Character spoilers for Avengers: Endgame in this post. (Also spoilers from 2006 for Battlestar Galactica)
On top of all of its other problems, the “fat Thor” plotline in Avengers: Endgame is a retread of Battlestar: Galactica in 2006, when they similarly showed the impact of a time jump by putting Lee Adama in a fat suit as shorthand for “he got depressed and gave up.”
Like Chris Hemsworth, Jamie Bamber (the actor who played Lee) had been framed in the series up to that point as “the hot one*,” with lovingly featured biceps and six-pack. In both cases, the framing was presumably supposed to add a little extra jolt to the physical change and the time-jump reveal: look, he didn’t just go from average to fat, he went from ripped to fat! Extra! Extreme! Hilarious!
Hemsworth hasn’t said anything publicly about the character’s physical presentation; Bamber similarly never offered his thoughts at the time on his character’s presentation or how the audience reacted to it. (Given the nature of ongoing sci-fi fan conventions, he may have spoken about it later.) That reaction was fairly vicious, as the show had struggled to find compelling storylines for Lee at that point in the narrative and often used him in an antagonist position, priming the audience to react to his reveal after the time-jump with derision.
In contrast, public pushback to Endgame’s Thor presentation started after the premiere showings, with PSA tweets going out on Twitter and notes on other platforms warning fat audience members that there was an (unnamed) character’s weight gain presented for laughs. In the days after the film’s wide release, more specific thinkpieces and reactions were posted on multiple sites, as well as additional and more extensive Twitter discussions. The response was very different from that to Battlestar’s reveal, and demonstrated how fat politics has grown as a movement and how awareness has deepened at least in some sections of the sci-fi fandom internet; a small positive to take from a disappointing decision on the filmmakers’ part.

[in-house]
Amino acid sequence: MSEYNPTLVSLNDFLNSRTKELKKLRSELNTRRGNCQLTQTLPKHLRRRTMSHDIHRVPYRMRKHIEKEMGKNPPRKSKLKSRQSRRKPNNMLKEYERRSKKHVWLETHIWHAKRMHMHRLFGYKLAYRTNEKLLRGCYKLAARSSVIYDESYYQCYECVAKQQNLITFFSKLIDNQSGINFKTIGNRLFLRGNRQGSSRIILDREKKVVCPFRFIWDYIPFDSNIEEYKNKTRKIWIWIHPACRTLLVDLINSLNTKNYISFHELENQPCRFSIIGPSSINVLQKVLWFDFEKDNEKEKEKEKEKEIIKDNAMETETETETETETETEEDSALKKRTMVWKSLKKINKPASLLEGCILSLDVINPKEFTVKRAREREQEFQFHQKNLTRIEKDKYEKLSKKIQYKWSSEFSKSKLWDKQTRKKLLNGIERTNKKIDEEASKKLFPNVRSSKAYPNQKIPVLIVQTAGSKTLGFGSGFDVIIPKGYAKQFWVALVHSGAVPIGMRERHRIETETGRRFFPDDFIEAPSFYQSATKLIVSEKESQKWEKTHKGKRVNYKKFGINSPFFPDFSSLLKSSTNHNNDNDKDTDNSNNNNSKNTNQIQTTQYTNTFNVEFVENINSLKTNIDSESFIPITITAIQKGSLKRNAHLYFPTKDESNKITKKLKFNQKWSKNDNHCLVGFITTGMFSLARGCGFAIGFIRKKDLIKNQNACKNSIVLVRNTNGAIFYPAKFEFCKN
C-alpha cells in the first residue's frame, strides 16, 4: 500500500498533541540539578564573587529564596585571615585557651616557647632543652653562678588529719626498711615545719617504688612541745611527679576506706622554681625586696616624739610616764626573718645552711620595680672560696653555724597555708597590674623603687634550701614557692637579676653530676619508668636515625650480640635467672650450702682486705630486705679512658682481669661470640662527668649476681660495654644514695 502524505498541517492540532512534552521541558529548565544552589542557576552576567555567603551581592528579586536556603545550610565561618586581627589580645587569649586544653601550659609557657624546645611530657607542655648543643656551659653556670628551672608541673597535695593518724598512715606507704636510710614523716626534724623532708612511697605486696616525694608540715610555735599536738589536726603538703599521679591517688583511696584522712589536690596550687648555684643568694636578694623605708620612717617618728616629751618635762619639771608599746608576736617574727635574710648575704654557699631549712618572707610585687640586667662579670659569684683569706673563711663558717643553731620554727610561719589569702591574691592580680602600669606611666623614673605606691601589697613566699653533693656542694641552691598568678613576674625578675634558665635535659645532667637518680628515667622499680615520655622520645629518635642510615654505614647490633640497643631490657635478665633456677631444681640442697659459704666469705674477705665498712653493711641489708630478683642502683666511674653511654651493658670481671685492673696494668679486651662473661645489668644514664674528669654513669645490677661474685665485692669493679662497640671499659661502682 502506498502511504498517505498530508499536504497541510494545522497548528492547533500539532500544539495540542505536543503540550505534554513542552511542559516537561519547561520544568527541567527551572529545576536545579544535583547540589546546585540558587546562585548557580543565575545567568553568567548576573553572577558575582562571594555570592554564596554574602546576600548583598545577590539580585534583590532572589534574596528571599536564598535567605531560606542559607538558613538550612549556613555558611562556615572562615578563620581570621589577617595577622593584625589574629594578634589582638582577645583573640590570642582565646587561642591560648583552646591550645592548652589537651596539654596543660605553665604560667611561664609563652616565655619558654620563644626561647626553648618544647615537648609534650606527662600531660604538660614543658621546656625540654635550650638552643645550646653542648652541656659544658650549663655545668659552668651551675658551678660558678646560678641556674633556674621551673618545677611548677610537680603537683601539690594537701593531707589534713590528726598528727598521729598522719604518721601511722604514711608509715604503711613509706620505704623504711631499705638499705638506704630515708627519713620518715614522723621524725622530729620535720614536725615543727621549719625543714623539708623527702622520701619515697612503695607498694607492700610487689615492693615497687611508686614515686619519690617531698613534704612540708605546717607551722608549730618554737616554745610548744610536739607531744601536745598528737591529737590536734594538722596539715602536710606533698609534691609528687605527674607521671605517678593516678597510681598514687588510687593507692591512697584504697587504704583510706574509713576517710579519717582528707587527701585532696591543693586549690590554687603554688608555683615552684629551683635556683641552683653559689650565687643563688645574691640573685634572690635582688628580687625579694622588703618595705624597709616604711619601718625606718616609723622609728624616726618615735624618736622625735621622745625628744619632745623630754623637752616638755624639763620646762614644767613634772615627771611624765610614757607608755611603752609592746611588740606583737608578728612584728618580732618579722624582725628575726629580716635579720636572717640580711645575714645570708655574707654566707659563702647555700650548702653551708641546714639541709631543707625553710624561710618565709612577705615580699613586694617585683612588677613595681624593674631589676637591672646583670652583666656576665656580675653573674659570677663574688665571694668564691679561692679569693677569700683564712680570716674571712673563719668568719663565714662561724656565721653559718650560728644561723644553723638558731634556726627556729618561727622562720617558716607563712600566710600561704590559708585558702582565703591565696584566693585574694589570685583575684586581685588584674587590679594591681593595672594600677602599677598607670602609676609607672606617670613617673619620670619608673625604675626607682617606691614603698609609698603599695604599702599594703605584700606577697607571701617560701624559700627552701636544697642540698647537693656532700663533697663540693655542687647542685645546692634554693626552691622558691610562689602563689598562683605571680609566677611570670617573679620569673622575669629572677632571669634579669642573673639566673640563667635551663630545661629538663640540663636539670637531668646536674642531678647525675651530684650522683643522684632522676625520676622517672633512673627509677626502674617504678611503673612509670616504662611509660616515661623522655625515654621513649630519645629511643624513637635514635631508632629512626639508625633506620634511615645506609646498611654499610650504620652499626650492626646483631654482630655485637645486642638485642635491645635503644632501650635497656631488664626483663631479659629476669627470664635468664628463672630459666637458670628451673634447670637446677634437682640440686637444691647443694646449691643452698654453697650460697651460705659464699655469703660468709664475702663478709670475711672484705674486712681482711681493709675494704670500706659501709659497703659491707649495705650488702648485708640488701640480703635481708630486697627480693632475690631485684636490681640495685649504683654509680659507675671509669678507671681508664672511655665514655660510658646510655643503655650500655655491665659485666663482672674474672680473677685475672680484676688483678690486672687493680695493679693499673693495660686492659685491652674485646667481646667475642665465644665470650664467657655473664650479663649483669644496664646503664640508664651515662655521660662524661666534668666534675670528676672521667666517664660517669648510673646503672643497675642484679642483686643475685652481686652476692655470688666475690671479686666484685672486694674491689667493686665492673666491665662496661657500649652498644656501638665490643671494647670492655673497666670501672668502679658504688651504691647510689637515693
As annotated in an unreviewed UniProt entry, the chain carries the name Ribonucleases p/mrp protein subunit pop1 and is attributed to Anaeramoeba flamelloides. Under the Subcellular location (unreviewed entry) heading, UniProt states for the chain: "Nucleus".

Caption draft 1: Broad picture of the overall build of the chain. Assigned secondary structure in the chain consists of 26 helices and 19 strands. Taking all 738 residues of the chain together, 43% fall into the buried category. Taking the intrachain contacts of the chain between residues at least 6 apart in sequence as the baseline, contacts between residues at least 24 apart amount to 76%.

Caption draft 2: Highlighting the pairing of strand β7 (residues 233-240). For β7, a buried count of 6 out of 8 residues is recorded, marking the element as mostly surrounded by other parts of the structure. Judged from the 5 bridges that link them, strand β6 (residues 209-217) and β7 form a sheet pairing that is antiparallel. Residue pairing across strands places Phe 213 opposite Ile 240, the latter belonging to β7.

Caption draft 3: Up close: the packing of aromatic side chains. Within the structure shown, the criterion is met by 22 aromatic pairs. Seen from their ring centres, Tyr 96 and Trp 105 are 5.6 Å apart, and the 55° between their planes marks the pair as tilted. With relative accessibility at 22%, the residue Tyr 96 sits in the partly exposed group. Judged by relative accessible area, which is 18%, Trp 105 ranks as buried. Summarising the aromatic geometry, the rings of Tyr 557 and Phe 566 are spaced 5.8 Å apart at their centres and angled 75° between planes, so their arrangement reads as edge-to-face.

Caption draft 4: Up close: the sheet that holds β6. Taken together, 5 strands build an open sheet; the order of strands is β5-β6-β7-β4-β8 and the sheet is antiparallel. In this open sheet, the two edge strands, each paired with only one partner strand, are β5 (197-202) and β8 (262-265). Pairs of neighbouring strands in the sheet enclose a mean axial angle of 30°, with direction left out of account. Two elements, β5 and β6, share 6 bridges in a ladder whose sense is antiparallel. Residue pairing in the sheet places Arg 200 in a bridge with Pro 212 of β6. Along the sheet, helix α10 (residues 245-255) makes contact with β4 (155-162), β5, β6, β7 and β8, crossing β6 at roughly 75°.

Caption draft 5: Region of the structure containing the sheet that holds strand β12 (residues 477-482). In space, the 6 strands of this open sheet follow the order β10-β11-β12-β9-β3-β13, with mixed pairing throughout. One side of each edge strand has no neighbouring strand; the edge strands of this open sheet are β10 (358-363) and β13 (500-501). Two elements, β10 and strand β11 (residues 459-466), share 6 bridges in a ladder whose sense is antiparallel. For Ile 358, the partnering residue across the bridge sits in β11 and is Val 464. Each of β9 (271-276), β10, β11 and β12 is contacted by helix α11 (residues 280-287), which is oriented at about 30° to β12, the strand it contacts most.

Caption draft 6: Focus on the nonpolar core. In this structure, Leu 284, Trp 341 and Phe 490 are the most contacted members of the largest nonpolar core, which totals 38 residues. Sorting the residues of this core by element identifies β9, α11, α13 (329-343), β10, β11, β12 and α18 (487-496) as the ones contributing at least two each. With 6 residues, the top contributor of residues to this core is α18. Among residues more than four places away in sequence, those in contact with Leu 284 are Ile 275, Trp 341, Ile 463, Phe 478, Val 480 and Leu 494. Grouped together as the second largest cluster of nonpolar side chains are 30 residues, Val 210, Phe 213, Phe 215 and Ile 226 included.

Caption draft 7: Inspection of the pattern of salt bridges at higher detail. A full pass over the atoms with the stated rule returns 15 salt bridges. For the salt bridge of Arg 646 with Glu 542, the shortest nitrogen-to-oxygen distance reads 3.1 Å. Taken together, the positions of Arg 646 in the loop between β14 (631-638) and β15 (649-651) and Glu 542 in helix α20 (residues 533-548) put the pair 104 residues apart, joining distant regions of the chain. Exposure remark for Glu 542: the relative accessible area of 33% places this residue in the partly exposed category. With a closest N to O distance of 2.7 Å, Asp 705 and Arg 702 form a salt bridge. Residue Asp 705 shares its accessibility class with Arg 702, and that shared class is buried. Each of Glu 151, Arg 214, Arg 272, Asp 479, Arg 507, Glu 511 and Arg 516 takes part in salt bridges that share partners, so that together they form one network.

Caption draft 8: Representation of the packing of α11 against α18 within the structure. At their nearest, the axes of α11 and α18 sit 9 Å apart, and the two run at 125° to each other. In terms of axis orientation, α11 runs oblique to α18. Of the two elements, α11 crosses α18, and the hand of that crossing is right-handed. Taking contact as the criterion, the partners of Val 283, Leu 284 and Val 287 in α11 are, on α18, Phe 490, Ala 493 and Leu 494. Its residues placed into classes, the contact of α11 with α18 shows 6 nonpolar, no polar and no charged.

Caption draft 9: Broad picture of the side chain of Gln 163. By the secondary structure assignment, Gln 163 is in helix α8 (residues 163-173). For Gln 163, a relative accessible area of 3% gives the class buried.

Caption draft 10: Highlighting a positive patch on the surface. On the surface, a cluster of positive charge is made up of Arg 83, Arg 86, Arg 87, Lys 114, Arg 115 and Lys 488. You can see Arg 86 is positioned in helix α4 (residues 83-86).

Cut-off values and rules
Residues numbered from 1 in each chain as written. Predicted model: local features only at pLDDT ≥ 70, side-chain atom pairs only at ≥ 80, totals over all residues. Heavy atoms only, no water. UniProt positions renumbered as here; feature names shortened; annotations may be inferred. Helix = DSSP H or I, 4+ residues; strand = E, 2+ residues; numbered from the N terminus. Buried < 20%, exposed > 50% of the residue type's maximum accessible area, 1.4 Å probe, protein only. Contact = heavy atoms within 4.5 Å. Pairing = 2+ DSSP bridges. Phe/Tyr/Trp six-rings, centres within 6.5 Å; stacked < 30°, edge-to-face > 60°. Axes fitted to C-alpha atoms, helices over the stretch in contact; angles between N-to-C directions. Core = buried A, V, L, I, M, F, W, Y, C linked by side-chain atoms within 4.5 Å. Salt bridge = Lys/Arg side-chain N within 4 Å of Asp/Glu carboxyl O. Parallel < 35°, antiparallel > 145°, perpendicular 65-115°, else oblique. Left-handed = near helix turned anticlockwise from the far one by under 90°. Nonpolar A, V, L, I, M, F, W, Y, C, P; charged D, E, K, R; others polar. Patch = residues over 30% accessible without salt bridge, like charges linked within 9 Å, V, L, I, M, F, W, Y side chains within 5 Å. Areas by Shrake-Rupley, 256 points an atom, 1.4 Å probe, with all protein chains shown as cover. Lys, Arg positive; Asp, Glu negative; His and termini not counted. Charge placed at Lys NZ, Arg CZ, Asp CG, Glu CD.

Ultimately, this choice of character presentation (calling it character development would be inaccurate) was lazy shorthand when BSG did it, and it’s lazy shorthand now. Depression, PTSD, exhaustion from loss and endless war—these can all cause physical changes in the body. Exploring those as a plotline would be well worth it. Making them a punchline is not at all worth it, and the science fiction genre shows little inclination to change their ways in this regard.
* I am aware that all of the Avengers are hot, but the rest of them have something else going on instead of having the hotness foregrounded solo; I would argue that Thor does not.